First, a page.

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101: Commodities
By Gregg Schoenberg Thursday, September 8, 2011

In our recently concluded two-part post on inflation, we examined the concept of inflation and explored its effects on small-business owners.  We’re now going to take a look at a special class of goods, commodities, some of which have experienced a great deal of inflation recently.

It is helpful to begin with a definition and an explanation of how commodity goods differ from other goods.  For our purposes, a commodity can be defined as having these two characteristics: it is a basic good used in commerce, and it is interchangeable with other commodities of the same type.  An obvious example would be oil: it is essential to a wide variety of different industries, and there is little difference in a barrel of oil from one provider to another.  Compare this with, say, television sets, which differ widely in quality, size, features, and price from provider to provider.

Commodities can be further divided into soft commodities (e.g. wheat, corn, rice), which are grown, and hard commodities (e.g. copper, gold, silver), which are extracted from the earth by mining.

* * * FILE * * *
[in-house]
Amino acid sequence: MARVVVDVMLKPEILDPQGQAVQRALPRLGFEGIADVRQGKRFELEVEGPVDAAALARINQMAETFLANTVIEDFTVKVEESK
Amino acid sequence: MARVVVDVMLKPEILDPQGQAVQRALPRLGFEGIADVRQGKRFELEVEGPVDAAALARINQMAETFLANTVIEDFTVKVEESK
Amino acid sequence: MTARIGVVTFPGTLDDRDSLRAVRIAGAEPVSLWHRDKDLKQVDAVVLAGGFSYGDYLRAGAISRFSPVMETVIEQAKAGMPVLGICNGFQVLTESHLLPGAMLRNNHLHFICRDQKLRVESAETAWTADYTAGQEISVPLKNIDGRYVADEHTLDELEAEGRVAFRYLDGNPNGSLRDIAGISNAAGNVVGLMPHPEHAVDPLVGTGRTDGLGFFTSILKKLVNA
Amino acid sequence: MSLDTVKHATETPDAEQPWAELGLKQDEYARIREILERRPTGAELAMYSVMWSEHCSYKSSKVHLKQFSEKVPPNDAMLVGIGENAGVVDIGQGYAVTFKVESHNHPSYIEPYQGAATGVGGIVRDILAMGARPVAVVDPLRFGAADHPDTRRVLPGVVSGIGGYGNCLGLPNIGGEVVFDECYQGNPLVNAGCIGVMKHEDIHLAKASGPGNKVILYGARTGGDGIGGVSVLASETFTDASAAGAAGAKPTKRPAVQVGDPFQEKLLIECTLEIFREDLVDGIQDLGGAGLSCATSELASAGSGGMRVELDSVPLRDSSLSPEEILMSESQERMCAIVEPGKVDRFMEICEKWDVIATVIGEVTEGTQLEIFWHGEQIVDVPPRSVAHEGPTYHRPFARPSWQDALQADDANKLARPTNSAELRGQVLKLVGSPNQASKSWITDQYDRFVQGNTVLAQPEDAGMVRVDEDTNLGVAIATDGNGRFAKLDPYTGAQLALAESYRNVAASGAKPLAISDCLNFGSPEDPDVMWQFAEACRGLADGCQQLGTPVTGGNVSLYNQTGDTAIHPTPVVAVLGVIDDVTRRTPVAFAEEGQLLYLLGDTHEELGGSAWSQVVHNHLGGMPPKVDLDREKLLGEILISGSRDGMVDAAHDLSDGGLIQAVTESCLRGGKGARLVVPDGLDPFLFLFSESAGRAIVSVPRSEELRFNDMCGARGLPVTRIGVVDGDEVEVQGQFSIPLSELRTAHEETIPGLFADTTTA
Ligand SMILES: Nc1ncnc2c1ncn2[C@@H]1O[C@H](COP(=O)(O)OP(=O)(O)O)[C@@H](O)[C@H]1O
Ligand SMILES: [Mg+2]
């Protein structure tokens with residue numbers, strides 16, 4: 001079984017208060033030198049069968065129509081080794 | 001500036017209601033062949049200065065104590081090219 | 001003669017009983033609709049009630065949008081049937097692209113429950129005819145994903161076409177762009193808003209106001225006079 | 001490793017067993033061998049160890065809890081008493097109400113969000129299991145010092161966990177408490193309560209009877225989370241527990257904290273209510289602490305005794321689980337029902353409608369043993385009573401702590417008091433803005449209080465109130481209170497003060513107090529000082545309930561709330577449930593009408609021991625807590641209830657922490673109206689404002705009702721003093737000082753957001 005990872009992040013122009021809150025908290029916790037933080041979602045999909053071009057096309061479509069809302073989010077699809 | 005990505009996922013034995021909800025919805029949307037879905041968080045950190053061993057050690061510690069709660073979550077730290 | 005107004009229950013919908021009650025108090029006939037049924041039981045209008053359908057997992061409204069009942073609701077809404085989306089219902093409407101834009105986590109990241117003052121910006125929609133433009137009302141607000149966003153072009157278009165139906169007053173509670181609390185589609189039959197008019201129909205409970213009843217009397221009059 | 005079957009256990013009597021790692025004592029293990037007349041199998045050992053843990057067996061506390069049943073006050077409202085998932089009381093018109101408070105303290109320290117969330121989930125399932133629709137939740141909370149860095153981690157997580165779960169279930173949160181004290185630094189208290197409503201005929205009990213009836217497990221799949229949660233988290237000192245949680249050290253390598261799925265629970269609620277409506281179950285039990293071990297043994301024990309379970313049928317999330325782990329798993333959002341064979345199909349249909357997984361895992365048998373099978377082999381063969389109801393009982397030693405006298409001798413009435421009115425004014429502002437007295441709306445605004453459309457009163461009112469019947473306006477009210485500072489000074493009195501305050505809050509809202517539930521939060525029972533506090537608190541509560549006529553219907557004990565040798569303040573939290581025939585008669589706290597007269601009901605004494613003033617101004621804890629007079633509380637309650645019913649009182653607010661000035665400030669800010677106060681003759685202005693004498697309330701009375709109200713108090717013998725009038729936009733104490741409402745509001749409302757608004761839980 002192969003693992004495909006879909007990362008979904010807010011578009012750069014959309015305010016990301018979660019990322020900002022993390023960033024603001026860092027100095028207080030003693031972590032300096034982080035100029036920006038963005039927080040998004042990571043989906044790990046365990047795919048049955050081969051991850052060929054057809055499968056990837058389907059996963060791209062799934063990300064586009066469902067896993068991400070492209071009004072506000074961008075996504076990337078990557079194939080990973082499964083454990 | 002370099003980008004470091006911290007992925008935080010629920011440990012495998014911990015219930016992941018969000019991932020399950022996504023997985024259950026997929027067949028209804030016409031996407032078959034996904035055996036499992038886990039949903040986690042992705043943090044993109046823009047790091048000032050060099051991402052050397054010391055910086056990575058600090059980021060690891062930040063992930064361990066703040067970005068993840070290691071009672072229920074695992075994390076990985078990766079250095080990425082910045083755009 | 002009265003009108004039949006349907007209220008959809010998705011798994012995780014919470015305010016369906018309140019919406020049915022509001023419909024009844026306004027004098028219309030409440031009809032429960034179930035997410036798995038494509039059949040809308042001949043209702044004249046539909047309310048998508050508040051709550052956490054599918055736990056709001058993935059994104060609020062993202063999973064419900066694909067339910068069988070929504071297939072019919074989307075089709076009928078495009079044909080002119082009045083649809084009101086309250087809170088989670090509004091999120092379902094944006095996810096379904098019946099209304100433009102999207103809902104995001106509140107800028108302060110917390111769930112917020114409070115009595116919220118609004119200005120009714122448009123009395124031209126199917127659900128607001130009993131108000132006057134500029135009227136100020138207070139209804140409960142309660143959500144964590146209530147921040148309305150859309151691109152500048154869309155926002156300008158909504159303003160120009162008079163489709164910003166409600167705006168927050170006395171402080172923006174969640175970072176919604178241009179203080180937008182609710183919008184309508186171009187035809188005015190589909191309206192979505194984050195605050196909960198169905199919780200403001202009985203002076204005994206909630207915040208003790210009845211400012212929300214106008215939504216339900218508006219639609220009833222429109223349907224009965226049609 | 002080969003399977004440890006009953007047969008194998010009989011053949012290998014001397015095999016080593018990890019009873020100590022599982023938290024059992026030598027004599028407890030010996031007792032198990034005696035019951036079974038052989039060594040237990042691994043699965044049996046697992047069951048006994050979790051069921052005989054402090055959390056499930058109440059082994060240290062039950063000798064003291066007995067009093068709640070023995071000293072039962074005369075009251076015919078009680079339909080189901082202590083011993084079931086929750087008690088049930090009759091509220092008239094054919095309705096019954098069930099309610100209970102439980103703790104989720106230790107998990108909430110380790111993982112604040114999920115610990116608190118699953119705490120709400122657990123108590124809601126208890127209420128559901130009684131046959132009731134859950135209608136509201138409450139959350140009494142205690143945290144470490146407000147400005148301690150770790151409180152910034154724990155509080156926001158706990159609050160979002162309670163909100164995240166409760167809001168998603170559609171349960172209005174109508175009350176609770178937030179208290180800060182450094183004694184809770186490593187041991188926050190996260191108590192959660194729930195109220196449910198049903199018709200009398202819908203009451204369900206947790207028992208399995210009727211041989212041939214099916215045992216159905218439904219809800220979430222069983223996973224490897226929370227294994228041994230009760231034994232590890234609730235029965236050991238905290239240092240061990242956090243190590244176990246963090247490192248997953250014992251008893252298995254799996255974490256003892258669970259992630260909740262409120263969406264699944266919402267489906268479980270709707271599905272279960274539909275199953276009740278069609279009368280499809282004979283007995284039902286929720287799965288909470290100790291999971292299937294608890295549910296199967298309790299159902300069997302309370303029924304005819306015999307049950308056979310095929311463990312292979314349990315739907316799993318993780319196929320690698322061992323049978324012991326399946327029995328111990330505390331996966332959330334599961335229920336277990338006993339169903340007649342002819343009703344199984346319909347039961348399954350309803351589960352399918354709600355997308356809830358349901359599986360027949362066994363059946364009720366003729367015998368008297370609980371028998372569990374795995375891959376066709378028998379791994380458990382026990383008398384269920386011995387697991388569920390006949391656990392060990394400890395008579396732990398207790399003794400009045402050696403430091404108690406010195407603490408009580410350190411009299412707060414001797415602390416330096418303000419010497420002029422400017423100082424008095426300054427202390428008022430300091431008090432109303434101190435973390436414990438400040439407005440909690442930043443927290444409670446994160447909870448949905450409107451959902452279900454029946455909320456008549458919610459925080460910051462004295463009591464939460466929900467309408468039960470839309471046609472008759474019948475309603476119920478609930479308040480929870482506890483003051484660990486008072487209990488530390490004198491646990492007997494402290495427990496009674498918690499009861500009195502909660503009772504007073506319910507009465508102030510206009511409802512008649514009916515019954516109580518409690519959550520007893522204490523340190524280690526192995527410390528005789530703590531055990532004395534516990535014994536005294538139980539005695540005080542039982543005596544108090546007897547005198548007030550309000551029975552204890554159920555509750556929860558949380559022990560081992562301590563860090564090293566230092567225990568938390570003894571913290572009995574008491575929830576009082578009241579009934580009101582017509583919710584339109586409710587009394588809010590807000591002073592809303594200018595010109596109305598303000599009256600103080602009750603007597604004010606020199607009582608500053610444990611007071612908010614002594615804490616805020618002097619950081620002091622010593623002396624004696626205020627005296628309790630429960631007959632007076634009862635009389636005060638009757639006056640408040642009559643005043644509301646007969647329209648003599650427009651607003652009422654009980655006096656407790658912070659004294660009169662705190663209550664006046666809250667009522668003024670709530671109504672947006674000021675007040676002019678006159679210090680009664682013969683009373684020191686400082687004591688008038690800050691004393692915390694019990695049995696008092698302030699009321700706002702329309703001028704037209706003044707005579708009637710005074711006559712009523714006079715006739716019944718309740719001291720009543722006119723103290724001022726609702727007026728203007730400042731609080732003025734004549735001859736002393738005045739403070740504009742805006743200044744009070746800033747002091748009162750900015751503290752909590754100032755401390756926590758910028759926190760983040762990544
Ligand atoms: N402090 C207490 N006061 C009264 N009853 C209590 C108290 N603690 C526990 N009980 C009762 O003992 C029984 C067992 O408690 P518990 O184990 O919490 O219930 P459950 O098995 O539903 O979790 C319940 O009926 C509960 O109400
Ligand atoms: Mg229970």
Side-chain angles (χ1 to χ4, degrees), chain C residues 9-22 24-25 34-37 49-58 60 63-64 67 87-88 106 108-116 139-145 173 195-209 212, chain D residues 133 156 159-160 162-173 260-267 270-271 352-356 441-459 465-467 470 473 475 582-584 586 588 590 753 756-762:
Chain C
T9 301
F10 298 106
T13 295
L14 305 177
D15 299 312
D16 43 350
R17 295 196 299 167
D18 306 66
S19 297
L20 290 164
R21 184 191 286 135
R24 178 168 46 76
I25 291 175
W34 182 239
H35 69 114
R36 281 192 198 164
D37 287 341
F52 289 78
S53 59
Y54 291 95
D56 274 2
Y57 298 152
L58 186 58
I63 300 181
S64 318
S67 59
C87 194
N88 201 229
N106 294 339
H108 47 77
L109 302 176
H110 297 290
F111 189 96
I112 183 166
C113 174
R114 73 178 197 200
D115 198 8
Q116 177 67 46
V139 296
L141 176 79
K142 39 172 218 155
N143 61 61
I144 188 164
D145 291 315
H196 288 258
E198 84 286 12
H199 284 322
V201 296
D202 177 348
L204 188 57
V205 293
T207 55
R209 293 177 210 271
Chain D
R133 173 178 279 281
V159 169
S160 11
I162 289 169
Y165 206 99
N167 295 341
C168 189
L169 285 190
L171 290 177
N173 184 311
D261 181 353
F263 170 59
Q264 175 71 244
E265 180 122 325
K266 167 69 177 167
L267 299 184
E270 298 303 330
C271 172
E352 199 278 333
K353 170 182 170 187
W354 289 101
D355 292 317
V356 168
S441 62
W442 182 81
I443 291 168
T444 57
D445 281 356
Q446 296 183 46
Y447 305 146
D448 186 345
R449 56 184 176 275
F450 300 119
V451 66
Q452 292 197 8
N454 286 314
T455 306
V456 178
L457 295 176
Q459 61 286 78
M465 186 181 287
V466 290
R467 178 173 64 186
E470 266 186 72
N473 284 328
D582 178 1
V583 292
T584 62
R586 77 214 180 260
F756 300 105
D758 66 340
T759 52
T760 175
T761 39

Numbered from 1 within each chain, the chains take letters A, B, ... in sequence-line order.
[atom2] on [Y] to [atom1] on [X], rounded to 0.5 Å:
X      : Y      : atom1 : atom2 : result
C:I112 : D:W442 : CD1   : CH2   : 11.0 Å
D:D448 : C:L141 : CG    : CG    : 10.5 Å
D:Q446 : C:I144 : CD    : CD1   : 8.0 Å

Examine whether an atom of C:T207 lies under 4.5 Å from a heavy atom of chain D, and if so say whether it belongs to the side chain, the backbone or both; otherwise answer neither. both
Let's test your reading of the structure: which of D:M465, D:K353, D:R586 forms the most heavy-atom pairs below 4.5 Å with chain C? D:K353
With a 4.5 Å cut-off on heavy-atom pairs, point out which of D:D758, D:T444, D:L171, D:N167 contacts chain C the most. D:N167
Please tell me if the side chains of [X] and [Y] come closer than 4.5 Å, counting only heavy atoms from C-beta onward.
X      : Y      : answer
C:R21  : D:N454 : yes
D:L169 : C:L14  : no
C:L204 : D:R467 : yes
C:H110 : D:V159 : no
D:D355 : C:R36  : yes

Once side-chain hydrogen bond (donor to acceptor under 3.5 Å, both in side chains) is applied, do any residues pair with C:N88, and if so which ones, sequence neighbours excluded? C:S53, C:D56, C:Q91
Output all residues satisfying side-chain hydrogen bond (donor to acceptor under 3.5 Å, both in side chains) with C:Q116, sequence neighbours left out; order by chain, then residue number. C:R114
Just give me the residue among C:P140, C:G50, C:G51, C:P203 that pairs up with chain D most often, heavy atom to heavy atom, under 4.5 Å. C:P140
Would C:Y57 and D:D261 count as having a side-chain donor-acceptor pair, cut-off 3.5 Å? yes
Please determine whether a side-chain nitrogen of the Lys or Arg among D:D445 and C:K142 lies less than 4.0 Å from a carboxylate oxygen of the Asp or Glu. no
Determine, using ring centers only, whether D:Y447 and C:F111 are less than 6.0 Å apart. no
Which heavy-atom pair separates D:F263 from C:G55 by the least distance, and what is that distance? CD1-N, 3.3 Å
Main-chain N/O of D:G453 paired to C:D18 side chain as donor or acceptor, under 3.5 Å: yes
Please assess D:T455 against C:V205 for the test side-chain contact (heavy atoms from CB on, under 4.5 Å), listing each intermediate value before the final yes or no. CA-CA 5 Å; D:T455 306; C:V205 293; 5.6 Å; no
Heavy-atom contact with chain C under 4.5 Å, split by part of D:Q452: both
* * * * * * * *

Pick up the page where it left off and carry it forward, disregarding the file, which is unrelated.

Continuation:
If you happen to belong to the 95% of American households that own a car and/or you find it necessary to eat on a daily basis, you may have noticed that the prices of some of the commodities that we consume the most, gasoline and foodstuffs, have increased quite a bit in recent years. And if you run a commodity-intensive business you may be dealing with increased input costs and their subsequent pressure on your profit margins.

While there are many factors that come into play in determining the market price of different commodities, a common theme that has emerged in recent years is the growth of the large economies of the developing world, in particular those of China and India.  These two countries, with their combined population of 2.5 billion people, have experienced tremendous growth in industry and have seen per capita income and standards of living rise throughout the 21st century.